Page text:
The air, along with her breeze, brimmed with
Winter’s divine, melancholy coolness.

The mountains, aged and wise, lay slumbering
in a heavenly haze behind God’s back drop.
The moon, slumbering towards fullness, is
bold, nestled into the diamond covered void.
She is still strong in the sky, holding it up with little effort.

I stand in the hallowing glow of this gentle darkness,
letting truths untold sink deep into my heart,
deep into my seen breath, reminding me of the
holy spirit of my life.

“How to Truly Love” (Fr. Anthony de Mello)

Everywhere in the world people are in search of love, for everyone is convinced that love alone can save the world; love alone can make life meaningful and worth living. But how very few understand what love really is and how it arises in the human heart. It is so frequently equated with good feelings for others, with benevolence or nonviolence or service. But these things in themselves are not love.

Love springs from awareness. It is only inasmuch as you see someone as he or she really is here and now and not as they are in your memory or your desire or in your imagination or projection that you can truly love them; otherwise, it is not the person that you love but the idea that you have formed of this person.

Source: The Way to Love

“No Other Desire” (Kahlil Gibran)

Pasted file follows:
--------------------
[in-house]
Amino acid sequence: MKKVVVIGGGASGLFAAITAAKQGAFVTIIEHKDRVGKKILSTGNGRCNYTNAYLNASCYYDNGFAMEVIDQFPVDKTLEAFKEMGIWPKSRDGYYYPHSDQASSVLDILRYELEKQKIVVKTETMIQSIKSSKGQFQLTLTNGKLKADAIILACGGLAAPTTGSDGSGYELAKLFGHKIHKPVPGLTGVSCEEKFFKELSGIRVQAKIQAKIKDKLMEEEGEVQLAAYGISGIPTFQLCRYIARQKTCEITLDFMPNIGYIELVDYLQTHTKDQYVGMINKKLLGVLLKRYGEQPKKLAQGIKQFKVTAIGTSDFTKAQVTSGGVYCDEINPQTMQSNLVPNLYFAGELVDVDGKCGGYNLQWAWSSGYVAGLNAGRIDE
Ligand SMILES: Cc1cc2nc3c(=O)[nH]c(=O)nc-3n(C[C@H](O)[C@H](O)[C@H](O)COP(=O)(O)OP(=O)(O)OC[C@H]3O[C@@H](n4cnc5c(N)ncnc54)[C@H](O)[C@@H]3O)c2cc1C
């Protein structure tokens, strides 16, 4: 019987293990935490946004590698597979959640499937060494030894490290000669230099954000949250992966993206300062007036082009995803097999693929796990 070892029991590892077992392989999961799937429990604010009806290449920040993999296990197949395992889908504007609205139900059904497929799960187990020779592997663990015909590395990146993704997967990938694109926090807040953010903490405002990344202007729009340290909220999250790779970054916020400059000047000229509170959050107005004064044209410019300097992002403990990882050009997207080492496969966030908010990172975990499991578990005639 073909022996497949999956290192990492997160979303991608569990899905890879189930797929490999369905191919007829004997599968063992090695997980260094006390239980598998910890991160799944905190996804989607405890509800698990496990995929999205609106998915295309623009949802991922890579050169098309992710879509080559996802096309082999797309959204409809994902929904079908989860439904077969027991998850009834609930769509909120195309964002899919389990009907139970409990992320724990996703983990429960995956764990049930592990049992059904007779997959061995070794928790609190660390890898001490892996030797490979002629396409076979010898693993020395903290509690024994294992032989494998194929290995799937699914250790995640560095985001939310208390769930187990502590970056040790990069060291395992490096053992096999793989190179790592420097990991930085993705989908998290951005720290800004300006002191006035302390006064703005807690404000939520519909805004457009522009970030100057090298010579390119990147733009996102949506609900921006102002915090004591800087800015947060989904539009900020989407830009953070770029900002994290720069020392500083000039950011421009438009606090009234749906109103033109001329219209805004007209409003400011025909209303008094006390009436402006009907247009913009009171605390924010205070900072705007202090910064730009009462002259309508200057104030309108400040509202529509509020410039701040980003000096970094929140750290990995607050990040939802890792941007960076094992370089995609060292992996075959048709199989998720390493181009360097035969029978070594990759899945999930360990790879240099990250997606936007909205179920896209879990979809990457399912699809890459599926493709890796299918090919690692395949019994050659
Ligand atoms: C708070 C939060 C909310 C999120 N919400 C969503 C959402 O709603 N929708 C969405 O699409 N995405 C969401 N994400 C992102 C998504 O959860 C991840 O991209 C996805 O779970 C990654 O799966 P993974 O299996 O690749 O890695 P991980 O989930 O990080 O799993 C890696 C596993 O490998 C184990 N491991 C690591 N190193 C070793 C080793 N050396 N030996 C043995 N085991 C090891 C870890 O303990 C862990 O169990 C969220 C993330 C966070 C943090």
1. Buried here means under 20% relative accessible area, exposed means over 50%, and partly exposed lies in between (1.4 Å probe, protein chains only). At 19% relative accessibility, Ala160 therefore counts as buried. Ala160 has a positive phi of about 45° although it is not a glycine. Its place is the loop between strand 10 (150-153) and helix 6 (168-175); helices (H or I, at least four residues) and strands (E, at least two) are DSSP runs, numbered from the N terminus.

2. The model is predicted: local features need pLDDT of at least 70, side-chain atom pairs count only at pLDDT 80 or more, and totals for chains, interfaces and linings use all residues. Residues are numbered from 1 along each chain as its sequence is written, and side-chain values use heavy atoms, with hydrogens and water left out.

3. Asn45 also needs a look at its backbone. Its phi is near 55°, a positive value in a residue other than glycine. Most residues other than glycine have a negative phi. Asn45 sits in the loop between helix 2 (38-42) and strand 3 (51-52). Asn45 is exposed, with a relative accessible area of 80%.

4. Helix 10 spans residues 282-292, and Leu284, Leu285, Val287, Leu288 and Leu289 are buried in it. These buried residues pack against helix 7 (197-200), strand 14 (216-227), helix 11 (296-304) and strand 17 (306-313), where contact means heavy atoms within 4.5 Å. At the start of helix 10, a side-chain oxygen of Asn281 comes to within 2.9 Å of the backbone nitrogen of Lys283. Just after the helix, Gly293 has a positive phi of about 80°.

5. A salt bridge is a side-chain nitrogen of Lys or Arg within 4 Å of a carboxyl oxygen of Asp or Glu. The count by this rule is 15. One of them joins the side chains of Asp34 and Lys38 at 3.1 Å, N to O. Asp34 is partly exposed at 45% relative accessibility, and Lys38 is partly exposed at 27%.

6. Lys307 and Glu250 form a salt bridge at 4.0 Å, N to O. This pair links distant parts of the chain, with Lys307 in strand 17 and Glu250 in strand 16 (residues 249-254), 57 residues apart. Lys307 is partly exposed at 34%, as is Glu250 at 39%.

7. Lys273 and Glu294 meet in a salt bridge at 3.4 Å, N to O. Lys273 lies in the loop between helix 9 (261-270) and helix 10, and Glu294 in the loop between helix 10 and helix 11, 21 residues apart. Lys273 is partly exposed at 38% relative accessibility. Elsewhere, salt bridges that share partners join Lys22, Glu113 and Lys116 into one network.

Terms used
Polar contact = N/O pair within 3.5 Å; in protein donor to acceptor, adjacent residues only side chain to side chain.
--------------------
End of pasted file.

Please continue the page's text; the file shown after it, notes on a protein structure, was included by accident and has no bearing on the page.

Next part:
Love has no other desire but to fulfill itself.
But if you love and must needs have desires,
let these be your desires:

To melt and be like a running brook
that sings its melody to the night.
To know the pain of too much tenderness.
To be wounded by your own understanding of love:
And to bleed willingly and joyfully.

To wake at dawn with a winged heart and give thanks
for another day of loving;
To rest at the noon hour and meditate on love’s ecstasy;
To return home at eventide with gratitude;
And then to sleep with a prayer for the beloved
in your heart and a song of praise upon your lips.

Source: On Love

“Power to Love” (Gordon Cosby)

Agape love is the power to love the unlovable. It is the power to love people we do not like. Jesus commands us to love our enemies in order to be like God. We are not told to love in order to win our enemies or to get results, but that we may be children of God, who sends the rain on the just and the unjust, who looks after both the good and the evil.